Sailing across the Atlantic

It was our first long ocean trip, we had sailed across the channel to the Channel Islands from the UK many times and even around the coast and into the med, but  crossing the Atlantic with my husband was something we had never thought we would do.

We crossed the channel and run around the French and Spanish coasts to Vigo just North of the Portuguese border, and after a few days break and restocking set off for the Azores. It took us a little over 2 days to get there and we had waited for a weather opening that meant we had good sailing weather. We visited over the next week a number of the Azores islands, and was surprised at the contrasts, from those with black beaches to those with sandy beaches, and the height of the volcano on one. 

We enjoyed our time in the Azores but was also keen to sail on, and so fully restocked we set out into open ocean. It was between a 2 and 3 day journey to the floating kingdom, and the in between island stop over's had not been built so we had to do this in one hop. We saw a number of whales just after we left the Azores, but otherwise there was very little to see except ocean and the occasional sailing craft or cruse ship, some of who we chatted briefly to over the radio.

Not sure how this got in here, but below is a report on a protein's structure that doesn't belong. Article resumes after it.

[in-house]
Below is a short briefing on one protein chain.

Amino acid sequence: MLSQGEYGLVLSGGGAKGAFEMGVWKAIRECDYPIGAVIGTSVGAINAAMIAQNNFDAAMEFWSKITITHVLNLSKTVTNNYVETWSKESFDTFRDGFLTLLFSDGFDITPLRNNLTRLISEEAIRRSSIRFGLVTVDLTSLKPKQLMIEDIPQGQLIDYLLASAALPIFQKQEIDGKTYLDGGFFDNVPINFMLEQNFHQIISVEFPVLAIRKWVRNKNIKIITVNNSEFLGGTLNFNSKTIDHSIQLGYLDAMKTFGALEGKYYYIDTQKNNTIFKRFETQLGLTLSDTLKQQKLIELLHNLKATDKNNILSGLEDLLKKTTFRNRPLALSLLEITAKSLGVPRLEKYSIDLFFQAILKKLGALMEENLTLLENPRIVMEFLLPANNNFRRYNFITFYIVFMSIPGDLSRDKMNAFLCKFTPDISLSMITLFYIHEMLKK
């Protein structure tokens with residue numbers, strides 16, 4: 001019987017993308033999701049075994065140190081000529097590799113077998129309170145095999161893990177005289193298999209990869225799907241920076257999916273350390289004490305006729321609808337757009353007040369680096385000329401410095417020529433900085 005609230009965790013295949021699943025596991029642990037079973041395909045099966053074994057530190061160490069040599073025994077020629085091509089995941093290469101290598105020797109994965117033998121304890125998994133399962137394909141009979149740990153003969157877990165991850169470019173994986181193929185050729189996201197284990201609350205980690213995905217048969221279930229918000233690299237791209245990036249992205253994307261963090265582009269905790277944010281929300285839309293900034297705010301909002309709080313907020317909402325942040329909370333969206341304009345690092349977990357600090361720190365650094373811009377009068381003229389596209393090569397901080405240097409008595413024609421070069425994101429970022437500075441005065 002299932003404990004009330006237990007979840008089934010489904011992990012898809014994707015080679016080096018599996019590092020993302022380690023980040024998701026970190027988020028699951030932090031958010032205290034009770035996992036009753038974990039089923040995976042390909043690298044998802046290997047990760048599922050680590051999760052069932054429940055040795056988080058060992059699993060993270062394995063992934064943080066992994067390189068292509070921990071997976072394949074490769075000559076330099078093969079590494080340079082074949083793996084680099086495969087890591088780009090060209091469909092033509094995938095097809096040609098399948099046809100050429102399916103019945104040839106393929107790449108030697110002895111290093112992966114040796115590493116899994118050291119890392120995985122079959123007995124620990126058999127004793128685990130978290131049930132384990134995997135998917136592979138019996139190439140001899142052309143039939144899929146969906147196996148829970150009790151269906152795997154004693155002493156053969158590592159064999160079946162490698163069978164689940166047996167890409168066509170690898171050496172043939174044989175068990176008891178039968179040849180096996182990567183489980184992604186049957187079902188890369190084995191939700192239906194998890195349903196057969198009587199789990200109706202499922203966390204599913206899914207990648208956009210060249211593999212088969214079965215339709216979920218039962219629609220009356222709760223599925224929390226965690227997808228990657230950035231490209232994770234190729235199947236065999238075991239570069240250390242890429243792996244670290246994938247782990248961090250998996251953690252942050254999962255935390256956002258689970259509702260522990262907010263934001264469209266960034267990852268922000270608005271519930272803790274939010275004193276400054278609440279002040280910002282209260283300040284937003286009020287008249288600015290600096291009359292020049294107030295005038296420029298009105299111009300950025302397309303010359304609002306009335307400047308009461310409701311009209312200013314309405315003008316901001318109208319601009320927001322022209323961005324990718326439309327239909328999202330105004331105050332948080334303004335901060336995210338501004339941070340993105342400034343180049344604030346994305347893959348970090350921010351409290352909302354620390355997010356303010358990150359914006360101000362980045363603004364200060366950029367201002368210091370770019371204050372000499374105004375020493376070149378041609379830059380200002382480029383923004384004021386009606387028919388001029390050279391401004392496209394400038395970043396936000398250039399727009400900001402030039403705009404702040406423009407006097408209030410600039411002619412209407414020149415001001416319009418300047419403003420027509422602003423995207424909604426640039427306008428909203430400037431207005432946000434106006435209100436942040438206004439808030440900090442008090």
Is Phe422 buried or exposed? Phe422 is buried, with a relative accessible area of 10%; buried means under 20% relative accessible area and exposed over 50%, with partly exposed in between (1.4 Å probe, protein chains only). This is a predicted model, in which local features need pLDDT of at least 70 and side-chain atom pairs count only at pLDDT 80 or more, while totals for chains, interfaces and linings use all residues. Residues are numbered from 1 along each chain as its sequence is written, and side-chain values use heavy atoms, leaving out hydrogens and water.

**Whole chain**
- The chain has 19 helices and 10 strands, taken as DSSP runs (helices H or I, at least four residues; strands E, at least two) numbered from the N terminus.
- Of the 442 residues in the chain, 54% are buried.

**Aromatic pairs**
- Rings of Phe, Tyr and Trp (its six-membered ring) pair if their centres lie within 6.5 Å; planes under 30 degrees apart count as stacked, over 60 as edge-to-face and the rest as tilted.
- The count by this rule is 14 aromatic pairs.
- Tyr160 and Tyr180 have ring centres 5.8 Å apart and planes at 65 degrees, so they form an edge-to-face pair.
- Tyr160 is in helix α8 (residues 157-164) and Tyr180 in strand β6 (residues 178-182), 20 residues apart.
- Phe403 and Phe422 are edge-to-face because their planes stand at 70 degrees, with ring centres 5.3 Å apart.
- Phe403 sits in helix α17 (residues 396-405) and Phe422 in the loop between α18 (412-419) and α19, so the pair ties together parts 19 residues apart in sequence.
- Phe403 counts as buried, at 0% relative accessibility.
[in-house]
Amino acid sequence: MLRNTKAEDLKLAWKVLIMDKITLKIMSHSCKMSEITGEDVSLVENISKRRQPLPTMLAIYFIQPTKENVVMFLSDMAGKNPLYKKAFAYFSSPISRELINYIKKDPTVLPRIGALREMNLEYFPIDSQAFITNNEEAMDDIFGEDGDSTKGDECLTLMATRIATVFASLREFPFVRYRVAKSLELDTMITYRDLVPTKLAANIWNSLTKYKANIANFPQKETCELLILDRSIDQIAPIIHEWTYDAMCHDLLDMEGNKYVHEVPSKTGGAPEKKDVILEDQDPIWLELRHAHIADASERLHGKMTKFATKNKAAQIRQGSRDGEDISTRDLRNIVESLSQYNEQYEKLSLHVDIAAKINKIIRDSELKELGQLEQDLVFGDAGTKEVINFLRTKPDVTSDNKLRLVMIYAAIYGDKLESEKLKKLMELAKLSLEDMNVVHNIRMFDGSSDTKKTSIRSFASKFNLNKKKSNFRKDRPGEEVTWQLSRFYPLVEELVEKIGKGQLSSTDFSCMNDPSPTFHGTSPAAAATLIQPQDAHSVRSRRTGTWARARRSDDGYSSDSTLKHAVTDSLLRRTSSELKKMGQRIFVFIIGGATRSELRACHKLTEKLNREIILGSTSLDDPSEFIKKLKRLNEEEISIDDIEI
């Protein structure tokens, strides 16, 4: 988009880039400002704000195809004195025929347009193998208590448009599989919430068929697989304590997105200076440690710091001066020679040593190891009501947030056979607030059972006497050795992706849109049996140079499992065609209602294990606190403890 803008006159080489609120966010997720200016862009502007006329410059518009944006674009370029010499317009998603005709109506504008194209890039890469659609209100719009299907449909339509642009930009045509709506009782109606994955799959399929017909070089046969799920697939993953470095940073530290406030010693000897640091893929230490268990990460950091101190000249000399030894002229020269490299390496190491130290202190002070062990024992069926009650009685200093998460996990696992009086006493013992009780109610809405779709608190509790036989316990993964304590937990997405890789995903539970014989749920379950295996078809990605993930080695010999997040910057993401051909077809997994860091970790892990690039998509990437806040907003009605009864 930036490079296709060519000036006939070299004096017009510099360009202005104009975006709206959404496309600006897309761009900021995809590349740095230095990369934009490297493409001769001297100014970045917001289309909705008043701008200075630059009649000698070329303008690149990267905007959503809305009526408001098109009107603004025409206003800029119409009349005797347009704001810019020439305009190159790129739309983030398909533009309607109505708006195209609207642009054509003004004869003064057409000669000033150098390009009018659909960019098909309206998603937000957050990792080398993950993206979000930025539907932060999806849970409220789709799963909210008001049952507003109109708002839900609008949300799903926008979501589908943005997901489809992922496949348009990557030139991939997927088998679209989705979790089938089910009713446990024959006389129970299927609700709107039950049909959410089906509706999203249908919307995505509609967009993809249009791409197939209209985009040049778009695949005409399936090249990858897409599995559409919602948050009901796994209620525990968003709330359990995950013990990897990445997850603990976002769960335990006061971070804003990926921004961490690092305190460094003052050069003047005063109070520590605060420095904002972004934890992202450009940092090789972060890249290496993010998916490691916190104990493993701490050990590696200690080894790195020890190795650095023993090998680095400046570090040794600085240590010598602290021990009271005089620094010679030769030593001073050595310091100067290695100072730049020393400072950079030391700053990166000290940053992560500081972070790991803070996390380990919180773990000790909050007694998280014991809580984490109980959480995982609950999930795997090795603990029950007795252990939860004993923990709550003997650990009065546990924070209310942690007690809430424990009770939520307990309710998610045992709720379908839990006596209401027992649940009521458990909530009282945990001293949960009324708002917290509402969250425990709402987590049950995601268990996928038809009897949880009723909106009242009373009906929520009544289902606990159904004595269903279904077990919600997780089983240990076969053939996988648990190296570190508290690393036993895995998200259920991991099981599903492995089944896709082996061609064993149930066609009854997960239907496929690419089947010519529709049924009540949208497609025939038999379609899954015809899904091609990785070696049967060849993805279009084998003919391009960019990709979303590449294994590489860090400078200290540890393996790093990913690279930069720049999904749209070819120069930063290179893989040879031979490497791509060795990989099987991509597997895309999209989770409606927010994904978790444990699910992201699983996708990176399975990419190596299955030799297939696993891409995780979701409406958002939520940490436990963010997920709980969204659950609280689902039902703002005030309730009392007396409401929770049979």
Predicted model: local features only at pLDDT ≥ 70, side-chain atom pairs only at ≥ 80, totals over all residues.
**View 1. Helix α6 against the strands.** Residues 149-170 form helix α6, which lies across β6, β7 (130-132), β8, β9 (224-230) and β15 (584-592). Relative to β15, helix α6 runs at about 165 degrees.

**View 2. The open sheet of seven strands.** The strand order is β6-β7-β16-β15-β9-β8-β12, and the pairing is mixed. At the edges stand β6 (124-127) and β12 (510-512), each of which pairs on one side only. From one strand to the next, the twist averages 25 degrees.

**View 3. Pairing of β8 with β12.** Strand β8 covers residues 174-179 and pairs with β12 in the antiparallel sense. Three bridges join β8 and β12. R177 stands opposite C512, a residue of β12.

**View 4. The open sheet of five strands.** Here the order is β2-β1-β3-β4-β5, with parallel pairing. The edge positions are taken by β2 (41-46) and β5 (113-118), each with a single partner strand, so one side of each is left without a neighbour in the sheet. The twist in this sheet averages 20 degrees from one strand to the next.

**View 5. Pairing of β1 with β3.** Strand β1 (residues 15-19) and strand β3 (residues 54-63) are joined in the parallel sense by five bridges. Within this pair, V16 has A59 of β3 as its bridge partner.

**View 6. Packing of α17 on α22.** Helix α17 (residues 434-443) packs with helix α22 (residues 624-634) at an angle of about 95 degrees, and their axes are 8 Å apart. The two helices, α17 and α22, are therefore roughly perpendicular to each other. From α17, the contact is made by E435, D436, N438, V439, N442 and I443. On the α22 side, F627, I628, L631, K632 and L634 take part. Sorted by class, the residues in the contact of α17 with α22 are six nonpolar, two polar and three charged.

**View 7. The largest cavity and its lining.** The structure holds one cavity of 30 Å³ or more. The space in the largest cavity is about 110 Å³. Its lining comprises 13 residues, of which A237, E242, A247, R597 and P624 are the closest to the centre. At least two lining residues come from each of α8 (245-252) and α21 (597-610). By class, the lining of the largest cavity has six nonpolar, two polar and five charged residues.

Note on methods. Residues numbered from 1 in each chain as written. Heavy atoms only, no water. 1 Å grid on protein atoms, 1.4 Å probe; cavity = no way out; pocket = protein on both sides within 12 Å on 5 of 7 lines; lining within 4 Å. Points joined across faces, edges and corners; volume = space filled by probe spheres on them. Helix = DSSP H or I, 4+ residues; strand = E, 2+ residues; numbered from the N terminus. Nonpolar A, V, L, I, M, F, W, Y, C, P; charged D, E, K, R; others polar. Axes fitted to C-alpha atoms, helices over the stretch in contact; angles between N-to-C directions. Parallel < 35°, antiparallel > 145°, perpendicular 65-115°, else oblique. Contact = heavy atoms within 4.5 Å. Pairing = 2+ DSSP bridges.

We saw the floating kingdom from some way off as the outer walls are white and were catching the light. It looked so small, but as we got closer it became larger and larger, we followed instructions over the radio from the pilots office and sailed around behind and approached from the rear, there was a little rough water just behind, but this was quickly crossed and we were between the two huge islands that make up the airport. They are actually joined together so are kept at a fixed distance apart. We dropped the sail and used the ancillary engine to cruise up to port point 17, as instructed and had to wait for two craft in front of us to be dealt with, but this only took around 20 minutes. Then it was our turn, we initially pulled up along side, took out what we needed for our stay and then our yacht was moved into the lifting area, where it was lifted out of the water and stored within one of the huge port islands. With the equipment they had installed this was all done very quickly.